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The Mediterranean IncarnateRegion Formation between Sicily and Tunisia since World War II$
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Naor Ben-Yehoyada

Print publication date: 2017

Print ISBN-13: 9780226450971

Published to Chicago Scholarship Online: January 2018

DOI: 10.7208/chicago/9780226451169.001.0001

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PRINTED FROM CHICAGO SCHOLARSHIP ONLINE (www.chicago.universitypressscholarship.com). (c) Copyright University of Chicago Press, 2020. All Rights Reserved. An individual user may print out a PDF of a single chapter of a monograph in CHSO for personal use.date: 05 April 2020

Introduction

Introduction

Chapter:
(p.1) One Introduction
Source:
The Mediterranean Incarnate
Author(s):

Naor Ben-Yehoyada

Publisher:
University of Chicago Press
DOI:10.7208/chicago/9780226451169.003.0001

An exposition of the book’s object and mode of inquiry by arguing that the Mediterranean offers us a particularly fruitful case for examining transnationalism, because it has often appeared as the uncomfortable alternative to a Eurocentric, modern-mired view of the world. The chapter introduces the current state of academic affairs in Mediterraneanist studies, specifically the prevailing historiographical view of a contradistinction between the Mediterranean and modernity. After an outline of the present and recent past of Mazara and the central Mediterranean, I argue that the rejection of both Mediterranean modernity and a modern Mediterranean has quarantined the ethnography of the sea, discouraging any comparison to the ancient, medieval, or early modern Mediterraneans. I then trace the vicissitudes of the concept of segmentation along its northbound route across the Mediterranean. The following sections discuss the book’s main analytical tools – the material and pragmatic aspects of scaling devices, the distinction between project and process, and the way to combine these in an historical anthropology of region formation. Finally, I exemplify the kind of analysis that segmentation facilitates on a transnational scale, and outline the course of the following chapters.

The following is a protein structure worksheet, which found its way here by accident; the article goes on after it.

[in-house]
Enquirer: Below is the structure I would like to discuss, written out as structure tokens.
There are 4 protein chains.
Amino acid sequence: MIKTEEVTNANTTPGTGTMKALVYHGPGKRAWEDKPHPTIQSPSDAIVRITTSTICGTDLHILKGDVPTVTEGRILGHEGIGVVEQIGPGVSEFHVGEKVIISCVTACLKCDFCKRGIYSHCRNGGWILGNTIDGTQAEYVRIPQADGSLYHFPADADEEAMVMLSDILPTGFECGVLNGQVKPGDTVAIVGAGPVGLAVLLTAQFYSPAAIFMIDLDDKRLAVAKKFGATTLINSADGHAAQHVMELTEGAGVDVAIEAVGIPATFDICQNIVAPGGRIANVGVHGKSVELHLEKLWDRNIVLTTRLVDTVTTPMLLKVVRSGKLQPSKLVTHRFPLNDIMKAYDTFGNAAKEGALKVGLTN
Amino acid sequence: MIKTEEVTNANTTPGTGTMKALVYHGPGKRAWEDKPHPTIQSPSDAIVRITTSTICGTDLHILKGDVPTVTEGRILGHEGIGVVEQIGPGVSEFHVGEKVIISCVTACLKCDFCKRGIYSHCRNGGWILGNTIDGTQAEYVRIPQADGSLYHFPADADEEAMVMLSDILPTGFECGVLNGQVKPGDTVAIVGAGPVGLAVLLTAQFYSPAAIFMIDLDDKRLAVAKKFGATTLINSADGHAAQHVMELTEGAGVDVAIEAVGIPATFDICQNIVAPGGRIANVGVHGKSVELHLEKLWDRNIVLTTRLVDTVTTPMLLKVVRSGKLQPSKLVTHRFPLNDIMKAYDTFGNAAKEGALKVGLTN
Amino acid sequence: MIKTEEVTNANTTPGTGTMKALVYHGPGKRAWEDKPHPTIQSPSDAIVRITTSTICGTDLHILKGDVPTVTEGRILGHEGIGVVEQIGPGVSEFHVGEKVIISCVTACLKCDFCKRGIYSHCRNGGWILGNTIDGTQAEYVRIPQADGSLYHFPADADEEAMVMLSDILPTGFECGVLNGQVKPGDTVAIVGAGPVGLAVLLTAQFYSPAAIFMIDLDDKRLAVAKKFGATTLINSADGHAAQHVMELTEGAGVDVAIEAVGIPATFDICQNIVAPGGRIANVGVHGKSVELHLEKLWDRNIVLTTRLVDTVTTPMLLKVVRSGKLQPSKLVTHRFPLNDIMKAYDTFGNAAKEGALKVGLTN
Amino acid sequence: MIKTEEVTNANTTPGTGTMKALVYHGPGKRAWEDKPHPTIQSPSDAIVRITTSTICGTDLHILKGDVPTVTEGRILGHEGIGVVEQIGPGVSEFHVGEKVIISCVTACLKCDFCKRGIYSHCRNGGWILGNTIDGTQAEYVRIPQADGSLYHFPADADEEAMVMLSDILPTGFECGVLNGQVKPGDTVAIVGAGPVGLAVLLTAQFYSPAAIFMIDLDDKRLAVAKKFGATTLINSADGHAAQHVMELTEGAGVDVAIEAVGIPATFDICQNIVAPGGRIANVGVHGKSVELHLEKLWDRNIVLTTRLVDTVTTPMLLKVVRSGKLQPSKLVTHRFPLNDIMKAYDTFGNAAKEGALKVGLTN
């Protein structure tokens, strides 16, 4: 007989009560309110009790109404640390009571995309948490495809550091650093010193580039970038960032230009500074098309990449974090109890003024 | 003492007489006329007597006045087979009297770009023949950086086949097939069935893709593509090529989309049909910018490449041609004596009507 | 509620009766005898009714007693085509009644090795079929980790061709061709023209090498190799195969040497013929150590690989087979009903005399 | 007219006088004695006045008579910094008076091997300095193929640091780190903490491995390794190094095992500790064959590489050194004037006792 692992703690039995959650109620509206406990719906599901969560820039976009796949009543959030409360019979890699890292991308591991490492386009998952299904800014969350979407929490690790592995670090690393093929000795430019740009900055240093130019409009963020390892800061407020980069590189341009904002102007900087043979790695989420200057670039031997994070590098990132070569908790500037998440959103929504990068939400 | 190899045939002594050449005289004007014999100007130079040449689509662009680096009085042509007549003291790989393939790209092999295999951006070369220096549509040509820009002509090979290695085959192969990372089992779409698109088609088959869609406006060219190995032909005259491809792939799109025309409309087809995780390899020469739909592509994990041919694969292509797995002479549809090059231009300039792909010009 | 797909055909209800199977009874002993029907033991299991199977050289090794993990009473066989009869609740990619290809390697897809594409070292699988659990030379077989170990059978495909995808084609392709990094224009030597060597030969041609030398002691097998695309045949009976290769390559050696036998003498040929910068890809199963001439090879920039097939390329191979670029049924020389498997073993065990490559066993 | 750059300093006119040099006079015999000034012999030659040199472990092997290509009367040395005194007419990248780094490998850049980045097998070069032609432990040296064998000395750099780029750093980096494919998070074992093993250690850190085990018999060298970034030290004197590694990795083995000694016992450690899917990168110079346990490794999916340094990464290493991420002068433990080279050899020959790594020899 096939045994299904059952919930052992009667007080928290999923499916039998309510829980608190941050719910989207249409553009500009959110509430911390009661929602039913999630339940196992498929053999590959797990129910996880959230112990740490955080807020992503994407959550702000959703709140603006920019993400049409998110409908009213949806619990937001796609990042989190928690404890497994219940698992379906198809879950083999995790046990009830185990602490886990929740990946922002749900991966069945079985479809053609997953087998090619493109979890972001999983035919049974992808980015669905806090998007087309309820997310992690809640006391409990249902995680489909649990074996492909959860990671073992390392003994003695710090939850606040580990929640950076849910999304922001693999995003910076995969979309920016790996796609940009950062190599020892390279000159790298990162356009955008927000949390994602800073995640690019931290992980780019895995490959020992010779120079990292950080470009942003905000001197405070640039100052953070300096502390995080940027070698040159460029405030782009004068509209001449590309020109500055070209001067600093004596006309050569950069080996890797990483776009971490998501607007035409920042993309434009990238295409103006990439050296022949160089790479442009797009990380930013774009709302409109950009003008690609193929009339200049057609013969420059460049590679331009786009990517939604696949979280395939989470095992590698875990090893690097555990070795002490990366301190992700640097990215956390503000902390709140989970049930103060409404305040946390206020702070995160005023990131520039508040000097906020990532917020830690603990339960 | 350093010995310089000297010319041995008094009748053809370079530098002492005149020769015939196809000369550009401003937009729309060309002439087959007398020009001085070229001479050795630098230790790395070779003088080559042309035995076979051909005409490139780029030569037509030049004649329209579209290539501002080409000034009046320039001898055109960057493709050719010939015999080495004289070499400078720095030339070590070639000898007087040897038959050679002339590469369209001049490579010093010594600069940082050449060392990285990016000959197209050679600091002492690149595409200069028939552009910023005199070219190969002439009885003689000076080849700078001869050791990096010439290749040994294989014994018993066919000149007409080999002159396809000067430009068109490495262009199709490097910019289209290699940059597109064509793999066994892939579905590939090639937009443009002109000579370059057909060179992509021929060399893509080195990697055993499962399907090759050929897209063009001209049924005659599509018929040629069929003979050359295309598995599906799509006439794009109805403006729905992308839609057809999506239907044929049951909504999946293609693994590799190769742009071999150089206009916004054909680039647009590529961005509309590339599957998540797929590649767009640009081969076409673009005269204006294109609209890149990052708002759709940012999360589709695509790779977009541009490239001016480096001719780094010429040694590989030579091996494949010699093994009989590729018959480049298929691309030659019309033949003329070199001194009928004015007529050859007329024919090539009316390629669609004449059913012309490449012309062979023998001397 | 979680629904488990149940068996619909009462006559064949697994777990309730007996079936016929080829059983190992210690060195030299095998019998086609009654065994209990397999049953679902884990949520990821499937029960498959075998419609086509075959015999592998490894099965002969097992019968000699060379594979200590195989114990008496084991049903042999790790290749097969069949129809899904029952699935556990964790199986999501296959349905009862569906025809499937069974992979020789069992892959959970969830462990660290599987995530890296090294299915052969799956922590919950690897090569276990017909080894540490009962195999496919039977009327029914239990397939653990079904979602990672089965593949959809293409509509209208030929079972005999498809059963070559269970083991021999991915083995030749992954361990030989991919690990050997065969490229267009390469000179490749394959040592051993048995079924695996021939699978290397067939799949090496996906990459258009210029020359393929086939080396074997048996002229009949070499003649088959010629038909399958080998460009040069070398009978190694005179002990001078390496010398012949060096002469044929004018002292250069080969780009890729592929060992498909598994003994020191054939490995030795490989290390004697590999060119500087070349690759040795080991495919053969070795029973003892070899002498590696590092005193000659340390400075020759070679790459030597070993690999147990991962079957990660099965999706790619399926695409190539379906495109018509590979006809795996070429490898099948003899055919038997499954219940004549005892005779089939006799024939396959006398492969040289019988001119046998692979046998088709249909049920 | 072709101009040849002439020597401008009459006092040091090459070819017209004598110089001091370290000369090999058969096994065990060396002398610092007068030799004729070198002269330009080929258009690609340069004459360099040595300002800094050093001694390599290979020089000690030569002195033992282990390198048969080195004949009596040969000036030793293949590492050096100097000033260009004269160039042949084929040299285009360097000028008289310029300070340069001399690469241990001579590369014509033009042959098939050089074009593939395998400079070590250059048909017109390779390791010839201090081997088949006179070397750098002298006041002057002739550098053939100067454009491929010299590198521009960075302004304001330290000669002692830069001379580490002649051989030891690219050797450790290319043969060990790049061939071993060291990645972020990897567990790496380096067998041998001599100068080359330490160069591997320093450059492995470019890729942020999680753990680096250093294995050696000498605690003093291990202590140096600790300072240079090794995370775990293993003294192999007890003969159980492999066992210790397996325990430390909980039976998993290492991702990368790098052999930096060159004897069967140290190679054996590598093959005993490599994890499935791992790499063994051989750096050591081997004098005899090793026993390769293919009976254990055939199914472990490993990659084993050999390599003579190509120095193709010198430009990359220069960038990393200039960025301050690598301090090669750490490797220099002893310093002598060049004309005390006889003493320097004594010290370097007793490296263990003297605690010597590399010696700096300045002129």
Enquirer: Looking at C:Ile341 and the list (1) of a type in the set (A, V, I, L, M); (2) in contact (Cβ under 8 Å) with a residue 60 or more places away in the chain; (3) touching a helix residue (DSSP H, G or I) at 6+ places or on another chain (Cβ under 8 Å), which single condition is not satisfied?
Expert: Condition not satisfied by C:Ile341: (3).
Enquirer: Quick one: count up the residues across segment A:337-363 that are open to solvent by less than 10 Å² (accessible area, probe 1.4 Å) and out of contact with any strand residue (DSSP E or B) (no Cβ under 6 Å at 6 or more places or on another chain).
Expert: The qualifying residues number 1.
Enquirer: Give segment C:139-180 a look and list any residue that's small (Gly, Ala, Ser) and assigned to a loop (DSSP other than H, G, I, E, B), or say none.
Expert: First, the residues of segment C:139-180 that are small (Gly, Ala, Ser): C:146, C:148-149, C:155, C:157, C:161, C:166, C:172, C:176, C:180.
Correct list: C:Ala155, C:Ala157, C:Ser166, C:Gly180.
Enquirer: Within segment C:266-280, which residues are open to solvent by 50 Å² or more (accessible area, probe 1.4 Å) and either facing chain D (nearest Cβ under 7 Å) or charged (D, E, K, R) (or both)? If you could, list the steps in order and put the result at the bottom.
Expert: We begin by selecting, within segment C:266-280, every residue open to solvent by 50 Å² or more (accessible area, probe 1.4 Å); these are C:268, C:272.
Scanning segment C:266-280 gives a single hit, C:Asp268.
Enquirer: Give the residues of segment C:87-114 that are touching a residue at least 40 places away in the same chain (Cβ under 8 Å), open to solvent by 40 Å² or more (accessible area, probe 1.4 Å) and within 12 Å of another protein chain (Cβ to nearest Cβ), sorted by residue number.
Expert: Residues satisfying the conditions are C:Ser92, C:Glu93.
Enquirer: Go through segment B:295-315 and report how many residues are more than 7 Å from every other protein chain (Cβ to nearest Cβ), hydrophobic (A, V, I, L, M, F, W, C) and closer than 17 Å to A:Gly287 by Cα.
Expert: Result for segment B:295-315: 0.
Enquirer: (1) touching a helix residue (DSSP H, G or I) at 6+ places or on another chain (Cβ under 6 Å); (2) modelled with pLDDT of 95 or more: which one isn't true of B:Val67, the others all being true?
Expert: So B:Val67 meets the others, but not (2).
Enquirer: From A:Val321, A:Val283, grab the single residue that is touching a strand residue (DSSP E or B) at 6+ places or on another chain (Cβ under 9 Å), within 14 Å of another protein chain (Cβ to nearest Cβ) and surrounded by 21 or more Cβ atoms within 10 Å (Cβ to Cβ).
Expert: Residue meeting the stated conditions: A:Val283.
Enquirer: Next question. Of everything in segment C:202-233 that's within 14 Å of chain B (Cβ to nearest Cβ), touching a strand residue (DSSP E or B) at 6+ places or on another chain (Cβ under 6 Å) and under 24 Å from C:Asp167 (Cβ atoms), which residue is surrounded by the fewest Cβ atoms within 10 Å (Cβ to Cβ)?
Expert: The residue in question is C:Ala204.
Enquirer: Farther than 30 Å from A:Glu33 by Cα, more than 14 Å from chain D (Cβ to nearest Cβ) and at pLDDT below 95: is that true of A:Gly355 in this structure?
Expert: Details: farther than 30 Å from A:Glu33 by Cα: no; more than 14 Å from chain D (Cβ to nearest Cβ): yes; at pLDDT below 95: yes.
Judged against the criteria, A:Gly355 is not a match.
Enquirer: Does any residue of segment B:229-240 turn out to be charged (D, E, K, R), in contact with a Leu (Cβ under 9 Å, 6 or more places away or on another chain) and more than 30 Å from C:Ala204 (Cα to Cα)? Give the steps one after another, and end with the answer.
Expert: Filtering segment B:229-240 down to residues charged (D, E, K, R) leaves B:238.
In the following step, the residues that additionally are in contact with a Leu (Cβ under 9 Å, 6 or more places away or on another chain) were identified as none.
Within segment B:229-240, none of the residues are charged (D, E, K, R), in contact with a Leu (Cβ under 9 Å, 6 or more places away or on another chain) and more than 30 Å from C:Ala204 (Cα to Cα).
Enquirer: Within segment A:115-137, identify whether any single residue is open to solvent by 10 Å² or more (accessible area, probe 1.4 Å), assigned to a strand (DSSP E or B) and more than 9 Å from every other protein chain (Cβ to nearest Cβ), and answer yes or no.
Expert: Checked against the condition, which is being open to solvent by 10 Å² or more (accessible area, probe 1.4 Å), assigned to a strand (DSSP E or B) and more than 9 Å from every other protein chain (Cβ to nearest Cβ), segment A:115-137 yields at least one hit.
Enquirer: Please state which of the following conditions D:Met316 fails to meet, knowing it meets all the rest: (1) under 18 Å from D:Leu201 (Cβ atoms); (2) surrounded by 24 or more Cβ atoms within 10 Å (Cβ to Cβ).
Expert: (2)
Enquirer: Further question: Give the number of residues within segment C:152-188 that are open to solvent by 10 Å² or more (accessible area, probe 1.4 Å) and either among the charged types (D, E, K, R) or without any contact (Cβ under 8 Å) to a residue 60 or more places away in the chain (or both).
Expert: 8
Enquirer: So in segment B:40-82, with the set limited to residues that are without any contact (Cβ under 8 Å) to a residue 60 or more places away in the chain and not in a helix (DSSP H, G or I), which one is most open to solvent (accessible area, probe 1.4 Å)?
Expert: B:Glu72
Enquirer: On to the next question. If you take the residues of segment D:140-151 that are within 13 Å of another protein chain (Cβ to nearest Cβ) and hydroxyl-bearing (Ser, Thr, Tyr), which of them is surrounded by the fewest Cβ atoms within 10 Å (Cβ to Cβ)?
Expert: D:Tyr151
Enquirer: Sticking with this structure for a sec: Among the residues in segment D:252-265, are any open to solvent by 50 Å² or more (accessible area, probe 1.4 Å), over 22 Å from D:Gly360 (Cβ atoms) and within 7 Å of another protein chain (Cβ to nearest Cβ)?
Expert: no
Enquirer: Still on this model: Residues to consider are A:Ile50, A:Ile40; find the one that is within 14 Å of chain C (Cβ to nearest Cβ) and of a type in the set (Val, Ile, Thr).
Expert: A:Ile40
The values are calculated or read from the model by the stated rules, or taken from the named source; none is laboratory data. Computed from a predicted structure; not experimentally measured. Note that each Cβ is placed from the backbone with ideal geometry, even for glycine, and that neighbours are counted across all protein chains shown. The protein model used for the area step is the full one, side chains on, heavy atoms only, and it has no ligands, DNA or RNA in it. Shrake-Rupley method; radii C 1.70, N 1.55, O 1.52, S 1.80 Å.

Keywords:   scale, transnationalism, project and process, modernity, historical anthropology, segmentation

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